A month after Alcock and Brown's achievement, British airship R34 made the first double crossing of the Atlantic. Leaving England July 2, it arrived July 4 carrying 31 people (one a stowaway) and a cat.[31] For the return flight, 29 of this crew, plus two flight engineers and a different American observer, returned to Europe.[32][33]

On 2–3 July 2005, American adventurer Steve Fossett and co-pilot Mark Rebholz recreated the flight in a replica of the Vickers Vimy aeroplane. They did not land in the bog near Clifden, but a few miles away on the Connemara golf course.[34]

A replica Vimy, NX71MY, was built in Australia and the US in 1994 for an American, Peter McMillan, who flew it from England to Australia with Australian Lang Kidby in 1994 to re-enact the first England-Australia flight by Ross & Keith Smith with Vimy G-EAOU in 1919. In 1999, Mark Rebholz and John LaNoue re-enacted the first flight from London to Cape Town with this same replica, and in late 2006 the aeroplane was donated to Brooklands Museum at Weybridge, Surrey. After making a special Alcock and Brown 90th anniversary return visit to Clifden in June 2009 (flown by John Dodd and Clive Edwards), and some final public flying displays at the Goodwood Revival that September, the Vimy made its final flight on 15 November 2009 from Dunsfold Park to Brooklands crewed by John Dodd (pilot), Clive Edwards and Peter McMillan. It is now on public display as the centre-piece of a new 'First to the Fastest' Transatlantic flight exhibition in the Museum's Vimy Pavilion but is maintained as a 'live' aeroplane and occasionally performs engine ground running demonstrations outside.[citation needed]

One of the propellers from the Vickers Vimy was given to Arthur Whitten Brown and hung for many years on the wall of his office in Swansea before he presented it to the RAF College Cranwell. It is believed to have been displayed in the RAF Careers Office in Holborn until 1990.[35] It is believed to be in use today as a ceiling fan in Luigi Malone's Restaurant in Cork, Ireland.[36]

The other propeller, serial number G1184.N6, was originally given to the Vickers Works Manager at Brooklands, Percy Maxwell Muller and displayed for many years suspended inside the transatlantic terminal (Terminal 3) at London's Heathrow Airport. In October 1990 it was donated by the BAA (via its former chairman, Sir Peter Masefield) to Brooklands Museum, where it is now displayed as part of a full-size Vimy wall mural in the Vickers Building.[citation needed]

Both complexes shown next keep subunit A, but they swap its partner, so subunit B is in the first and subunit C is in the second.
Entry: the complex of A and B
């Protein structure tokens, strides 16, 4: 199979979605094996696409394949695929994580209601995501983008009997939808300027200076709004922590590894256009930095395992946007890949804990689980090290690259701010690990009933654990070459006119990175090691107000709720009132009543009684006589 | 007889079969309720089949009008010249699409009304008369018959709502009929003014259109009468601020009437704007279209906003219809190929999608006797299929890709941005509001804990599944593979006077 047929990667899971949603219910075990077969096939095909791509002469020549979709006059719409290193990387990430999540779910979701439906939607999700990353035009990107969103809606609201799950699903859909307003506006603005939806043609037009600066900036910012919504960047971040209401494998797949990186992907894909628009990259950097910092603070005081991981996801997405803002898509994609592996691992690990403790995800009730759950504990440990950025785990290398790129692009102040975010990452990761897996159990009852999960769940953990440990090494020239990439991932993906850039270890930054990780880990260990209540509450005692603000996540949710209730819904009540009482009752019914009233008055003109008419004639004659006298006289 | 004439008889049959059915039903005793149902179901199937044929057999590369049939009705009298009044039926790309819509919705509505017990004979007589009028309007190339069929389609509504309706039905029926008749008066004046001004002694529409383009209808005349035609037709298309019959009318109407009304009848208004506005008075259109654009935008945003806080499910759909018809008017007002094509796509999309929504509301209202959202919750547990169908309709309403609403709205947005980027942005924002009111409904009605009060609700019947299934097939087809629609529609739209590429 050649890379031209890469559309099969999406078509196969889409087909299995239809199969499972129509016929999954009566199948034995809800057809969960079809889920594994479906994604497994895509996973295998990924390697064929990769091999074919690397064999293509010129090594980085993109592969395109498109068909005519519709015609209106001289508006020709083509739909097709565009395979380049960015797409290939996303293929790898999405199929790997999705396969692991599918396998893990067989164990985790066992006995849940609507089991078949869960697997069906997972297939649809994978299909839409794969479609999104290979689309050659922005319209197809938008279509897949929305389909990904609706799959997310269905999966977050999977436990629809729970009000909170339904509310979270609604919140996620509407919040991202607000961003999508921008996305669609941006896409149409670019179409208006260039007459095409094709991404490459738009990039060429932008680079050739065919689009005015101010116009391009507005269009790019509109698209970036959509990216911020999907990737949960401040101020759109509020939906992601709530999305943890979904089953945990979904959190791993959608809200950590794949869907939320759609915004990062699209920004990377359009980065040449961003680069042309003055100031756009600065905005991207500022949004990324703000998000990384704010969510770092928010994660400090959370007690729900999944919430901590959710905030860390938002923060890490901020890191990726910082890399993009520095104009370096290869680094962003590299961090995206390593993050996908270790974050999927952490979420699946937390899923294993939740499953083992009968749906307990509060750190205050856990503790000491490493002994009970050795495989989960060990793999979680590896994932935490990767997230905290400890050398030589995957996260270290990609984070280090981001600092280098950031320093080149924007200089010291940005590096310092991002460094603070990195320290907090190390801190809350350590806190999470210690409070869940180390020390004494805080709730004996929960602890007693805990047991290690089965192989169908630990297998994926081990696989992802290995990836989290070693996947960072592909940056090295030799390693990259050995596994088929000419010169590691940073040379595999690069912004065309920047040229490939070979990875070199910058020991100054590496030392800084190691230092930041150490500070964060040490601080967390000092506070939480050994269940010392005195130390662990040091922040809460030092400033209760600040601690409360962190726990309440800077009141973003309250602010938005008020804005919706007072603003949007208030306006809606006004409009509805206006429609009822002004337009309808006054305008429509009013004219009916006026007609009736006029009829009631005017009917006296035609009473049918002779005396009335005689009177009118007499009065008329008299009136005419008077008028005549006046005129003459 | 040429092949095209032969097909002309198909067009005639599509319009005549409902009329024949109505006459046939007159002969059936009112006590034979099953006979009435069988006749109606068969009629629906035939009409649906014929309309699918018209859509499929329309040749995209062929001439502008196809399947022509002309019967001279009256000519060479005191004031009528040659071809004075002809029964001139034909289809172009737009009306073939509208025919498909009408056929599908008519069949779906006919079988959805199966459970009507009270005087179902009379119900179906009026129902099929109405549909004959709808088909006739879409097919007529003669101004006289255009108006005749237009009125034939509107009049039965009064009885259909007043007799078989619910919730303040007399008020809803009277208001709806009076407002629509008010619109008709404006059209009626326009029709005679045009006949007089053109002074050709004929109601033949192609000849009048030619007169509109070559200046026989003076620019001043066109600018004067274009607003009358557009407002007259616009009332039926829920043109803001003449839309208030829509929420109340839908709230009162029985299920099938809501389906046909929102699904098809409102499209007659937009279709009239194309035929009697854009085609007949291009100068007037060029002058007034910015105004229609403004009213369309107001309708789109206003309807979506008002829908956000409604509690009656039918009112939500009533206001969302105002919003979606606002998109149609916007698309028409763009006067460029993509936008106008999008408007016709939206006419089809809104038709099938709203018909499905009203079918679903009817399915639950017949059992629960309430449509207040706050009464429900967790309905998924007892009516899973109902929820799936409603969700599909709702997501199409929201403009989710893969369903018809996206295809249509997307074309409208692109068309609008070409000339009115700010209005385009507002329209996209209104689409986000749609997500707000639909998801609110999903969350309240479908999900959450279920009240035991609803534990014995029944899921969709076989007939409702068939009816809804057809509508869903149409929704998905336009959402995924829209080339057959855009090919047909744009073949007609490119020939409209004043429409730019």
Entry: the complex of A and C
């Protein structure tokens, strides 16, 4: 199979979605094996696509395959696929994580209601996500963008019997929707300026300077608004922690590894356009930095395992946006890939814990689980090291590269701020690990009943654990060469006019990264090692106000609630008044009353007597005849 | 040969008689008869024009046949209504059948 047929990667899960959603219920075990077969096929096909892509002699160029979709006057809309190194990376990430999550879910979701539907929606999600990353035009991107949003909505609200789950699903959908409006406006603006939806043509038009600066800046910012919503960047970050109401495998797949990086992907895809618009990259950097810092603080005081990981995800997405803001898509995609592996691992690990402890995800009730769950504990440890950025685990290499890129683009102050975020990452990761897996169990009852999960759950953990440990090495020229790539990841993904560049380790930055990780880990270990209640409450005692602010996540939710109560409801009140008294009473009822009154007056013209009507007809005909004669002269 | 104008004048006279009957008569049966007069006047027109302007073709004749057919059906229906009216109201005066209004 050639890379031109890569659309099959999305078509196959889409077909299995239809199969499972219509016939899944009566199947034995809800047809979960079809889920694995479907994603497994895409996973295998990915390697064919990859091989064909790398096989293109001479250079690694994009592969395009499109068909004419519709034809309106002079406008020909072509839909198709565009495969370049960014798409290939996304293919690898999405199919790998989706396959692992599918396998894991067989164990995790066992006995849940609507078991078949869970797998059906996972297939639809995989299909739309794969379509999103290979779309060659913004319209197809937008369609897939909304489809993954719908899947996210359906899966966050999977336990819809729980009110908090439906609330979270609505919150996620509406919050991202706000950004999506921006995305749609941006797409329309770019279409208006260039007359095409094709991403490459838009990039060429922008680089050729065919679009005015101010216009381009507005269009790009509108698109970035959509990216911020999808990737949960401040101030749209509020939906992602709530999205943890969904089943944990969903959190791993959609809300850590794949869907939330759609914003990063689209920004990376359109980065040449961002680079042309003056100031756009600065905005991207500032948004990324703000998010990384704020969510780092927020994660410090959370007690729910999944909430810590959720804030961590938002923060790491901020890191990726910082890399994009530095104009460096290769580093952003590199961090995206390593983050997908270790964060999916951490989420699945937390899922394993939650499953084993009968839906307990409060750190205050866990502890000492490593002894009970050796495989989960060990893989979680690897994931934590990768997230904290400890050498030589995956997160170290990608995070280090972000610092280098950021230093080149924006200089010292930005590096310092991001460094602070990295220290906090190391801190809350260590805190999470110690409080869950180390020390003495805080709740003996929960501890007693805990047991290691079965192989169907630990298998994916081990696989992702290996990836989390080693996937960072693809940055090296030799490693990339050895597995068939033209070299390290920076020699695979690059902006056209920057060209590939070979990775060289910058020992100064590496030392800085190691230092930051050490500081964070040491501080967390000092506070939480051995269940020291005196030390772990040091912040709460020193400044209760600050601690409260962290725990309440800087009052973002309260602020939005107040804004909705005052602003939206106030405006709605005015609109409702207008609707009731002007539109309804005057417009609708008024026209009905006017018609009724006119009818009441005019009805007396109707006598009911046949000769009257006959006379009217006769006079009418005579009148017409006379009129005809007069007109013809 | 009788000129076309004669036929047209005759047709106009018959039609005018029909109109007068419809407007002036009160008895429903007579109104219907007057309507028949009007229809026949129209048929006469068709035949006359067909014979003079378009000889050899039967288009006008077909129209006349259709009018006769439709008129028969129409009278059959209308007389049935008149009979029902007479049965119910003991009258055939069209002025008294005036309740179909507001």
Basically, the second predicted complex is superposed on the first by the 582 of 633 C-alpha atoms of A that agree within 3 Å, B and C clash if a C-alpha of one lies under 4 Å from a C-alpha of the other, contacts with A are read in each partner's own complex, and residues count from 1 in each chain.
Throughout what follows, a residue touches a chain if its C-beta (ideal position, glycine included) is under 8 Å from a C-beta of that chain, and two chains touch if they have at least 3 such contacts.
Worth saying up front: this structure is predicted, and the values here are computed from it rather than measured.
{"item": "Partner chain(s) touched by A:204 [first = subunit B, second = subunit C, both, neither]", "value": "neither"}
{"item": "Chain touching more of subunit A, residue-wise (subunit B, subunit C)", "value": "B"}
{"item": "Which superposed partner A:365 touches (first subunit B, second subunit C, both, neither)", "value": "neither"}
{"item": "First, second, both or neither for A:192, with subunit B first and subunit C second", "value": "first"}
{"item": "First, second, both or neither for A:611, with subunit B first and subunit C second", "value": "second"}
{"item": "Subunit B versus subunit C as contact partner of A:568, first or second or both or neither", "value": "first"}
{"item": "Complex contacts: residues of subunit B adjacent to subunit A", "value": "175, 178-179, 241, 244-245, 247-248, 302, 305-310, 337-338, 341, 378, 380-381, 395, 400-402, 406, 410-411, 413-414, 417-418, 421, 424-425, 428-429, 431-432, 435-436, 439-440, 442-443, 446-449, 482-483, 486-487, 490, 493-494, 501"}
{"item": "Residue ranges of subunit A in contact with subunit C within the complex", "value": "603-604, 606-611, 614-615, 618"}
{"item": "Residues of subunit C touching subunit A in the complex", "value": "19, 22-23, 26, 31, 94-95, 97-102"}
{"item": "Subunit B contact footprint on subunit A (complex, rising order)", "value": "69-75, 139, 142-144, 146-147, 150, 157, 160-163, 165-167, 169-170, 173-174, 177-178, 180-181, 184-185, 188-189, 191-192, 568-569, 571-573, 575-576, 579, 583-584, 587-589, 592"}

A small amount of mail, 196 letters and a parcel, was carried on Alcock and Brown's flight, the first time mail was carried by air across the ocean. The government of the Dominion of Newfoundland overprinted stamps for this carriage with the inscription "Transatlantic air post 1919".[37][38]

Upon landing in Paris after his own record-breaking flight in 1927, Charles Lindbergh told the crowd welcoming him that "Alcock and Brown showed me the way!"[39]

RAF 60th anniversary crossing in 1979[edit]

Brown's toy cat mascot 'Twinkletoes' which crossed the Atlantic in 1919 and also on the 60th anniversary flight in 1979.
The Phantom FGR.2 (XV424) which made the crossing departing from the International Air Tattoo in 1979.

To mark the original transatlantic crossing, on 1 June 1979 two Royal Air Force McDonnell Douglas Phantom FGR.2s – XV424 (of No. 56 Squadron) and (RAF Coningsby based) XV486, were painted in special commemorative schemes.[40] The scheme was designed by aviation artist Wilfred Hardy. As well as marking the anniversary of the crossing, the scheme also made reference to the usage of Rolls-Royce engines in both aircraft: the Rolls-Royce Eagle in the Vimy and the Rolls-Royce Spey in the Phantom FGR.2, and on top of this it also marked the 30th anniversary of North Atlantic Treaty Organization (NATO).[41]

It was decided that XV424 would make the flight and that XV486 would serve as backup.[40] On 19 June, XV424 departed from RAF St. Athan to CFB Goose Bay from where the crossing would be made. The crew chosen for the crossing were: Squadron Leader A. J. N. "Tony" Alcock (pilot and nephew of Sir John Alcock who made the original crossing) and Flight Lieutenant W. N. "Norman" Browne (navigator).[40] For the journey the pair brought with them Brown's original cat toy mascot 'Twinkletoes.'[41]

On 21 June, XV424 took off from Goose Bay, Labrador and began the crossing to Ireland.[40] Flying subsonically the entire time, the journey took 5 hours and 40 minutes, setting a new record.[clarification needed] The Phantom was refuelled five times throughout the crossing, with that being taken care of by Handley-Page Victor K.2 tankers of No. 57 Squadron.[40] XV424 today is preserved at the RAF Museum in Hendon, sporting colours of No. 56 (Fighter) Squadron, while XV486 was scrapped in 1993.[42][43]

See also[edit]


  1. ^ "Captain John Alcock and Lieutenant Arthur Whitten Brown".
  2. ^ "Alcock and Brown's Vickers Vimy biplane, 1919". Science Museum. Retrieved 4 February 2017.
  3. ^ "What are the wild waves saying". The Economist. 28 October 2010. Retrieved 3 November 2010.
  4. ^ "The New Daily Mail Prizes". Flight magazine. 5 April 1913. p. 393. Archived from the original on 27 April 2009. Retrieved 5 January 2009. £10,000 to the first person who crosses the Atlantic from any point in the United States, Canada, or Newfoundland to any point in Great Britain or Ireland in seventy-two continuous hours